Israeli Prime Minister Benjamin Netanyahu is set for a fifth term in office after the country’s elections on Tuesday, potentially cementing his right-wing nationalist leadership for years to come.
Netanyahu’s apparent win is also set to influence the 2020 U.S. presidential election campaign, as he is a staunch ally of President Donald Trump and fond of getting involved in American partisan politics. Whoever wins the next U.S. election will have to forge a relationship with the Israeli prime minister.
There is also increasing willingness from some Democrats to criticize Netanyahu’s government, with top candidates openly denouncing the Israeli prime minister’s deals with the far-right, his alleged corruption and his anti-Palestinian policies.
Here is a look at what the top 2020 Democratic candidates have recently said about Netanyahu.
Warren, a Democratic senator from Massachusetts, weighed in after Israel’s attorney general announced he would indict Netanyahu on criminal charges earlier this year. The senator heavily criticized the Israeli prime minister both for striking a deal with racist, far-right parties in exchange for their support and his alleged corruption.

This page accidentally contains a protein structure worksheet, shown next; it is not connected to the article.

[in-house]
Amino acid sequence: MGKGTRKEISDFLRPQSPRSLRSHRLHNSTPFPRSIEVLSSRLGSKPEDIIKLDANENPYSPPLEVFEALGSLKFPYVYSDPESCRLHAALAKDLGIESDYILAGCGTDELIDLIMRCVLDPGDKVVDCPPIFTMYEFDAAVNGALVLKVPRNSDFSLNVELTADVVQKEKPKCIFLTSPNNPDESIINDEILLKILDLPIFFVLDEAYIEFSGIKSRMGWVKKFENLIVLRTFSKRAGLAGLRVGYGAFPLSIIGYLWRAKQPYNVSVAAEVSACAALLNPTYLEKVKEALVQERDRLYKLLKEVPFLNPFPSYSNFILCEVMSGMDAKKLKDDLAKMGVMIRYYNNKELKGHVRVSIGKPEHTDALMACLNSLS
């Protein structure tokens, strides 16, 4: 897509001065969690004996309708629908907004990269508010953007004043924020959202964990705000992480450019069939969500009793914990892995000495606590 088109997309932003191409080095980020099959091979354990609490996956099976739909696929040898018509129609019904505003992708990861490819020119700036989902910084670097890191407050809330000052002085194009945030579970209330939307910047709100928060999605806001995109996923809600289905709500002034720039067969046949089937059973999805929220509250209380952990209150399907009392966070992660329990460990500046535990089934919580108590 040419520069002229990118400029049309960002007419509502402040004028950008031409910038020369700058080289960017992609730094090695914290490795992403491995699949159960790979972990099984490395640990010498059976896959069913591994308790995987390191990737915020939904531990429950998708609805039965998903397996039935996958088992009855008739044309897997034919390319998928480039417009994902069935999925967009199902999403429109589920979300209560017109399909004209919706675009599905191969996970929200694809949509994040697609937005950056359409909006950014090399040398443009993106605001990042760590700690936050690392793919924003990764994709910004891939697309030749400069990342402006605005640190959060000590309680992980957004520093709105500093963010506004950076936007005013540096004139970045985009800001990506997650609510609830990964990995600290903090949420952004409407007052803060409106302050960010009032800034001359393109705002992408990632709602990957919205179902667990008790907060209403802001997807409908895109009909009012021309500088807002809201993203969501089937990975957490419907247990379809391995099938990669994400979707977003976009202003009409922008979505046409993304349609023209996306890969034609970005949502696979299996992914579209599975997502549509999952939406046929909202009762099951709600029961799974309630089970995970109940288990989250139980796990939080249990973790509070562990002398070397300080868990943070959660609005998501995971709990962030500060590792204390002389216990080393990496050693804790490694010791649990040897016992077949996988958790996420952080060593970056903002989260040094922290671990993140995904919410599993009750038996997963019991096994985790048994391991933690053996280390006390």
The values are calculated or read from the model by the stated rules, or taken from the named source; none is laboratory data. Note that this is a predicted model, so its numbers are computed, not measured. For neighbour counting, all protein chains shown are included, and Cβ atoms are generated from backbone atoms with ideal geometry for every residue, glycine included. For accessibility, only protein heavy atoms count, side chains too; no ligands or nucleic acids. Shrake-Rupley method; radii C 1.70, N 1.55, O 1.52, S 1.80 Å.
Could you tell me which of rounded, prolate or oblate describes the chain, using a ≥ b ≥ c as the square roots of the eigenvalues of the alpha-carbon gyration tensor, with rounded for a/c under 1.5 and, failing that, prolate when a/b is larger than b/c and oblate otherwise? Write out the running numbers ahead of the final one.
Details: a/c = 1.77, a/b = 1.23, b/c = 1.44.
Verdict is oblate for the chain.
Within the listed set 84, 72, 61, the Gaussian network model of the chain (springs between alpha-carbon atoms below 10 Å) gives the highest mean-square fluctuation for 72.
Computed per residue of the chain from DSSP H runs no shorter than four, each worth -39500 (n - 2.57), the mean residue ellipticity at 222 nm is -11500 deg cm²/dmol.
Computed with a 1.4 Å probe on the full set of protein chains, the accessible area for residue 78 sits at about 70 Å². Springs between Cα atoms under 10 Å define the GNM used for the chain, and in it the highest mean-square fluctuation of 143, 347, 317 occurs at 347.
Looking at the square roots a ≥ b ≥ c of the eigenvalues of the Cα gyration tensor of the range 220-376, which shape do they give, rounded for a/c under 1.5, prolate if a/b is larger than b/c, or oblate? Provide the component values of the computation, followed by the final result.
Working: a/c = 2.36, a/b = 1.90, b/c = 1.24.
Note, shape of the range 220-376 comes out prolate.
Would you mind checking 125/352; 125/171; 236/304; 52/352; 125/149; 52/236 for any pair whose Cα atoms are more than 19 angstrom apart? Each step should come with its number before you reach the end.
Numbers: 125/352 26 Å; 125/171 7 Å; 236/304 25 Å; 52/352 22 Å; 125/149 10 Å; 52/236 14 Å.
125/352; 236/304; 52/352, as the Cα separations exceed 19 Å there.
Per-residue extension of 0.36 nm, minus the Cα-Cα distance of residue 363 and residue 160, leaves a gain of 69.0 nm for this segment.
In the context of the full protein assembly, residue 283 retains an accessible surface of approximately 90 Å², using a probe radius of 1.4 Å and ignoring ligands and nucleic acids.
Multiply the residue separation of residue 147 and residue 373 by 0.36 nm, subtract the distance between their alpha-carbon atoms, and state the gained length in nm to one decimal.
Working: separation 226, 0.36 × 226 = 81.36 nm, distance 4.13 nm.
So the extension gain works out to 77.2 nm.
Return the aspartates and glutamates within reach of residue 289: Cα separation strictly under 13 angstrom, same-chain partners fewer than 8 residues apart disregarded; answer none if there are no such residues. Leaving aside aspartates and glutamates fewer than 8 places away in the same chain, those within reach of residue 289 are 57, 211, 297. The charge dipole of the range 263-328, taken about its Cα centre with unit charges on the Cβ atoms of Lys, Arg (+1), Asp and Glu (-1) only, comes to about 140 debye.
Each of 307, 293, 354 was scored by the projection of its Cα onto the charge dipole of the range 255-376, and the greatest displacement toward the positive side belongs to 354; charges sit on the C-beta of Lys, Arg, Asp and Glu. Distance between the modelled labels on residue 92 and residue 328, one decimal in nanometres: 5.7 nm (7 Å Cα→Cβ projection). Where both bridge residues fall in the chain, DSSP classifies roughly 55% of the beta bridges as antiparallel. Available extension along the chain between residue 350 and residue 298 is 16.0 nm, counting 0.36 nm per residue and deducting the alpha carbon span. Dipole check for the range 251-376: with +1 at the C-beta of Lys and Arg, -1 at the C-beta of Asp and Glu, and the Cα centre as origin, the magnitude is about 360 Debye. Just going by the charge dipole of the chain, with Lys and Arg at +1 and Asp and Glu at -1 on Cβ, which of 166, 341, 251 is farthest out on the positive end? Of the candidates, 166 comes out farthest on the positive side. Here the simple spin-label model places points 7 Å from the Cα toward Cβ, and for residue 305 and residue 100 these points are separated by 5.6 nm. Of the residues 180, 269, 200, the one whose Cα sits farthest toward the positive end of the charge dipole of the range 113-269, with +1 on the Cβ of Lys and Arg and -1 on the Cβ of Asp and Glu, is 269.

“First embracing right-wing extremism. Now manipulating a free press, accepting bribes, and trading government favors,” Warren said in a tweet. “The allegations against Prime Minister Netanyahu are serious and cut to the heart of a functioning democracy.”
Beto O’ Rourke
O’Rourke gave a lengthy denunciation of Netanyahu at a campaign event in Iowa on Sunday, calling the Israeli prime minister a “racist” after he vowed to annex parts of the West Bank, a drastic move that would break with longstanding peace agreements with Palestinians and is fundamentally at odds with the idea of a two-state solution.
“This is somebody who, in a previous election, warned Arabs were coming to the polls. It’s racism,” said O’Rourke, a Texan who formerly served as a Democratic member of the House.
“The U.S.-Israel relationship is one of the most important relationships that we have on the planet, and that relationship, if it is successful, must transcend partisanship in the United States, and it must be able to transcend a prime minister who is racist,” he added.
Vermont Independent Sen. Sanders criticized Netanyahu’s vow to annex parts of the West Bank, telling NBC News on Monday that whenever election time comes around, Netanyahu “always tries going even further to the right by appealing to racism within Israel.”
“I’m not a great fan of his, and, frankly, I hope he loses his election,” Sanders added.
Sanders has a long track record of condemning Netanyahu’s right-wing policies while emphasizing that his criticism is not levied at Israel as a whole. During the 2016 campaign, Sanders broke with much of the Democratic party consensus in offering strong criticism of Netanyahu’s 2014 military offensive in Gaza and adding that “we are going to have to say that Netanyahu is not right all of the time.”